VisualDx is a software designed for the emergency room specialists to rapidly diagnose a multitude of diseases.
According to this Associated Press story:
VisualDx contains nearly 10,000 medical photographs culled from 1.2 million accumulated since the 1940s in private archives and colleges, chiefly New York University and the University of California at Los Angeles. It was first licensed out to hospitals, medical schools and internists in March 2001.
The market grew dramatically after the October 2001 anthrax attacks killed five people, rattling a nation on edge after Sept. 11. The software already had a biological warfare segment showing in vivid color the progressions of long-eradicated diseases like smallpox.
Blood tests, urine samples and scans can diagnose most diseases within 48 hours. The software can do it in minutes.
In place of the century-old method of flipping through weighty medical atlases containing one or two pictures of each illness – usually the classic or severe symptoms – the software displays multiple high-resolution images of how an illness can present itself.
“You see different body locations, skin tones, stages of the disease,” said company President Mike O’Connor. “Every diagnosis has a handbook-size text, tells you how not to confuse it with other diseases that look similar” and suggests follow-up tests and treatments.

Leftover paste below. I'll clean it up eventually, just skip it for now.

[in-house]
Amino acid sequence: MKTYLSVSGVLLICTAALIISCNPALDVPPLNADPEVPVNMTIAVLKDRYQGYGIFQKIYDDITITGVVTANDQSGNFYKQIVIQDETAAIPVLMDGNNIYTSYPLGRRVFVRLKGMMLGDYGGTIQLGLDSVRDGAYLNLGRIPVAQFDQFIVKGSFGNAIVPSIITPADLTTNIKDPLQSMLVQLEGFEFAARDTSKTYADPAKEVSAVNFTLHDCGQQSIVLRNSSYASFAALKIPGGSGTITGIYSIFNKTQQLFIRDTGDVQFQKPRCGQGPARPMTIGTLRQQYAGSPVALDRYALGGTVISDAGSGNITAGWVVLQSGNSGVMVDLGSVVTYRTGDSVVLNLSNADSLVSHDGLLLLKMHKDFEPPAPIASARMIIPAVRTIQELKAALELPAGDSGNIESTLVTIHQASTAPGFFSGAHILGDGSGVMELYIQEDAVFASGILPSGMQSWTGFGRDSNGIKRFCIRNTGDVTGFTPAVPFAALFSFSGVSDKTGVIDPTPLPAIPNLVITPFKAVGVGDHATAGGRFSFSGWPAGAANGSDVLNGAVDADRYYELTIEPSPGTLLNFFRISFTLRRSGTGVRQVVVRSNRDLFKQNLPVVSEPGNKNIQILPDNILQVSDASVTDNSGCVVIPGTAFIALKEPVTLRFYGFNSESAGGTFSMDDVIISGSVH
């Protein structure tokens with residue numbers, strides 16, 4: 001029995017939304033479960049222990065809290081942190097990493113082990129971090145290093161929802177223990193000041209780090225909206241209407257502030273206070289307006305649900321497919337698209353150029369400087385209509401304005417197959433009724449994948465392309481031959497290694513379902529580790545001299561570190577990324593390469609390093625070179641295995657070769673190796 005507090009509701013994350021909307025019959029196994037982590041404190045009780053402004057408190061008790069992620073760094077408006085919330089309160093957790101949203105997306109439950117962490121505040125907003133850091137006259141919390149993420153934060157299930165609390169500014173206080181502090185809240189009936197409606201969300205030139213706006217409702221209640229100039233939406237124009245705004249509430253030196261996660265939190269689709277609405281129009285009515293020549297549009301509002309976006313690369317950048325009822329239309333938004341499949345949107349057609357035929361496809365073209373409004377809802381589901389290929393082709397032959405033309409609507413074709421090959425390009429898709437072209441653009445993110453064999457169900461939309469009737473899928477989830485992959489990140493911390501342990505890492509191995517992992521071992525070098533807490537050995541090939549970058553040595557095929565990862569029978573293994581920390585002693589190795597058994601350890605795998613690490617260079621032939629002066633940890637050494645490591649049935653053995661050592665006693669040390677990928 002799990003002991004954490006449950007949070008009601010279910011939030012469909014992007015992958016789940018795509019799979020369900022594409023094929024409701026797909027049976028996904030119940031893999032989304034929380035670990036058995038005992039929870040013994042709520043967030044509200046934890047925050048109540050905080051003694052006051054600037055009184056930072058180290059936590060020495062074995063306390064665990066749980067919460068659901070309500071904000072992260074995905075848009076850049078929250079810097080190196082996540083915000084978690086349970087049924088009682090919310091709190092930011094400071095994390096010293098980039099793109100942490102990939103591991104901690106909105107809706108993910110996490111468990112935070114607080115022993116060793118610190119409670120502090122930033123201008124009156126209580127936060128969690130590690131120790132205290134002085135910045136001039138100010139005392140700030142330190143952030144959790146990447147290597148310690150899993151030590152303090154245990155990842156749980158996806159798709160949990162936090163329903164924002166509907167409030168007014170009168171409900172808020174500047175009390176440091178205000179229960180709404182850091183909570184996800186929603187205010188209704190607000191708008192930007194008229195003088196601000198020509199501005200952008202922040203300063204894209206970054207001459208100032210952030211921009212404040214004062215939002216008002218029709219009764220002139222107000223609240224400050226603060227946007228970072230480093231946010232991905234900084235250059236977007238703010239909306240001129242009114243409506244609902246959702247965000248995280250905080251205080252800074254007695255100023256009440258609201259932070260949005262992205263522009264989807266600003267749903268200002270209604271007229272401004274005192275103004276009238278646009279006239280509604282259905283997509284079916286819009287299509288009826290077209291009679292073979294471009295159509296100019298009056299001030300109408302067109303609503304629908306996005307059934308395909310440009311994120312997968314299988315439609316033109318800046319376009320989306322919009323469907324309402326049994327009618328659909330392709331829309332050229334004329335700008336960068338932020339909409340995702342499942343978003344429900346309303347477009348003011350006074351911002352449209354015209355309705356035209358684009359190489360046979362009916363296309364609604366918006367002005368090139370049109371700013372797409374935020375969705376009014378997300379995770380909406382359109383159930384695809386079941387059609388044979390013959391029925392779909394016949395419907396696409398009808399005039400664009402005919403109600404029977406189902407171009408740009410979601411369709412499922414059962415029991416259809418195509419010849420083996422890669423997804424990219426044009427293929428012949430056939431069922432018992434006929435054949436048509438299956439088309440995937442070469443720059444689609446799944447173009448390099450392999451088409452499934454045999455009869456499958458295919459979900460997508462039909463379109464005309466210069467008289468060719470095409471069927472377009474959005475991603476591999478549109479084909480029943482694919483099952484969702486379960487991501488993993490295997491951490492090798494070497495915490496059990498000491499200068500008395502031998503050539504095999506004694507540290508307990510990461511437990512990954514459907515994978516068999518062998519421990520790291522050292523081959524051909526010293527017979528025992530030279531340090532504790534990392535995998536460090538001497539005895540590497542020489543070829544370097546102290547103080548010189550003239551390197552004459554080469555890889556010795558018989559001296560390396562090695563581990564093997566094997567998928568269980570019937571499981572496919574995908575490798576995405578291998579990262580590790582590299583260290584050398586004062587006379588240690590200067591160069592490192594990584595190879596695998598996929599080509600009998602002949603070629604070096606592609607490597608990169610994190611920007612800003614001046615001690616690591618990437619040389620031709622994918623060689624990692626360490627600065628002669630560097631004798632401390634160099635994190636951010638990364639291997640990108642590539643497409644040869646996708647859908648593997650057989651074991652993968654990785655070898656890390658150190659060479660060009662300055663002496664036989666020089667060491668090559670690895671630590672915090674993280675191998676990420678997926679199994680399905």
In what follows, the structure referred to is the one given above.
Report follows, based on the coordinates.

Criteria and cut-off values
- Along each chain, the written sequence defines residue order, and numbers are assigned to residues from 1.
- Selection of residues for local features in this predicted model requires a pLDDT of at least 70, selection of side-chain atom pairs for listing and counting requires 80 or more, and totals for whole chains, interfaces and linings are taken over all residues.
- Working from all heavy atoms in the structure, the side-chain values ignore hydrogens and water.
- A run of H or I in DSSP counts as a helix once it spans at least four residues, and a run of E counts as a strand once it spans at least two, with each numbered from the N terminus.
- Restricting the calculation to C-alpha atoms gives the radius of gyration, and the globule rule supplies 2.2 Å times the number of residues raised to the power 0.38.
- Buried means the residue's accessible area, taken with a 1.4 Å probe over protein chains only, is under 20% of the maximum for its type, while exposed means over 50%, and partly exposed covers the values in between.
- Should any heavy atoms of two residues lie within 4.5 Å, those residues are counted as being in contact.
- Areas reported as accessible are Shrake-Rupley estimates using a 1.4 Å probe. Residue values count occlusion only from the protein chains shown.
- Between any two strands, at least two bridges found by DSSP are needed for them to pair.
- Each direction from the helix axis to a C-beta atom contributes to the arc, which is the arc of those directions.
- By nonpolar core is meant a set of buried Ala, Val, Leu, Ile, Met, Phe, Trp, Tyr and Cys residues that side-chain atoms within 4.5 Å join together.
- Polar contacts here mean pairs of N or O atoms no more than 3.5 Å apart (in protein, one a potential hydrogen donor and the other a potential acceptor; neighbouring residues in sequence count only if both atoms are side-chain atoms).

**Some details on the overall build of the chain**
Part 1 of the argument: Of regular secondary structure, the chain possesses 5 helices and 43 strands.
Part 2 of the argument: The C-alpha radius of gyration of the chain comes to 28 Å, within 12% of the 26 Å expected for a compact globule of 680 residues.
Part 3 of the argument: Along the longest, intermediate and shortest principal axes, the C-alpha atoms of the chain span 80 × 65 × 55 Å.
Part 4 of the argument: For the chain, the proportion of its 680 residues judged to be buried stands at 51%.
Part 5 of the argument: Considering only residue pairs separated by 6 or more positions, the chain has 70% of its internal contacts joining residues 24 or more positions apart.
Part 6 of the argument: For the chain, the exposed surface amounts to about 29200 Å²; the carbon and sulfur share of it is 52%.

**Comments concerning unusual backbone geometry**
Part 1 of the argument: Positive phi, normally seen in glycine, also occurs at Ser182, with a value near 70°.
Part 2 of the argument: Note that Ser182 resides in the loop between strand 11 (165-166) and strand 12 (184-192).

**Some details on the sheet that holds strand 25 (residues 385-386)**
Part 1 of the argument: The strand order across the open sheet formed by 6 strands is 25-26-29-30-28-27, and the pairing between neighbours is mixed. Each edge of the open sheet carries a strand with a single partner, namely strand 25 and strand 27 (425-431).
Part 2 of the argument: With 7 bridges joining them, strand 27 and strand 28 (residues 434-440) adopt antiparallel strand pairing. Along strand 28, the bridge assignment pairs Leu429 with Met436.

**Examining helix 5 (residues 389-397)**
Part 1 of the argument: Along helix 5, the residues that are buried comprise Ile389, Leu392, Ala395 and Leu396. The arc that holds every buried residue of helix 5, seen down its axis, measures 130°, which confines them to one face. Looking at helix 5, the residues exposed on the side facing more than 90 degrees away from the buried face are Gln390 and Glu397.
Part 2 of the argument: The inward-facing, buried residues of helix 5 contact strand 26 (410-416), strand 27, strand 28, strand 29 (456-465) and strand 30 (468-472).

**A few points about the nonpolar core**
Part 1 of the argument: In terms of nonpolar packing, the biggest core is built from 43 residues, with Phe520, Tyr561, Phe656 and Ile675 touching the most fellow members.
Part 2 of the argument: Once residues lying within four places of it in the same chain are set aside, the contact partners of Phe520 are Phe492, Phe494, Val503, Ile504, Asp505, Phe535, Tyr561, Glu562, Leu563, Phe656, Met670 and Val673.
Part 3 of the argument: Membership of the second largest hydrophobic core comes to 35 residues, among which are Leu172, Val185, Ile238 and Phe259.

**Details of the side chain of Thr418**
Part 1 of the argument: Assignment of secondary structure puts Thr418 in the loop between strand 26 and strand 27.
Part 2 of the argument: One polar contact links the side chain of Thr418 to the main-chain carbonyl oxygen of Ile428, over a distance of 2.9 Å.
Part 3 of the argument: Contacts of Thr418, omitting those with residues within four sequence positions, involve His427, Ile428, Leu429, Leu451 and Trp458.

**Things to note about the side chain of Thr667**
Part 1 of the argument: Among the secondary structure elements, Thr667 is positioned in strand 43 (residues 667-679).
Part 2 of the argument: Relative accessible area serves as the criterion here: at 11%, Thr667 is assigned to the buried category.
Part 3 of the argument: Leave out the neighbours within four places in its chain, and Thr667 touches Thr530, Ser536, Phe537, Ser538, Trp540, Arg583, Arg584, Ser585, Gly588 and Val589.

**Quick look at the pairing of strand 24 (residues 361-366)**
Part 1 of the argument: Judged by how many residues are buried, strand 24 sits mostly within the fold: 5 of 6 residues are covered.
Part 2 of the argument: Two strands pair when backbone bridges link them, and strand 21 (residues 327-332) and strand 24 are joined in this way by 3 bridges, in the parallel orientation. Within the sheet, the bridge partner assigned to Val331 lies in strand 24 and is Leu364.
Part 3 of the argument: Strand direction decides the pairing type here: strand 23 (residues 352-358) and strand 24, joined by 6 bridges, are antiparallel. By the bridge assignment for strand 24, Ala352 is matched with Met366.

If doctors cannot guess what’s wrong, they click on a category – lump or bump, black scabs, raised lesions – and add in ever more detailed facts, such as a patient’s appearance, medical history, drug medications or travel abroad, to home in on potential culprits.
In contrast with electronic versions of atlases, or a multitude of medical Web sites, the software is a leap forward in engineering from visual features to diagnoses, said James Cimino, a professor of medical informatics and medicine at Columbia University.
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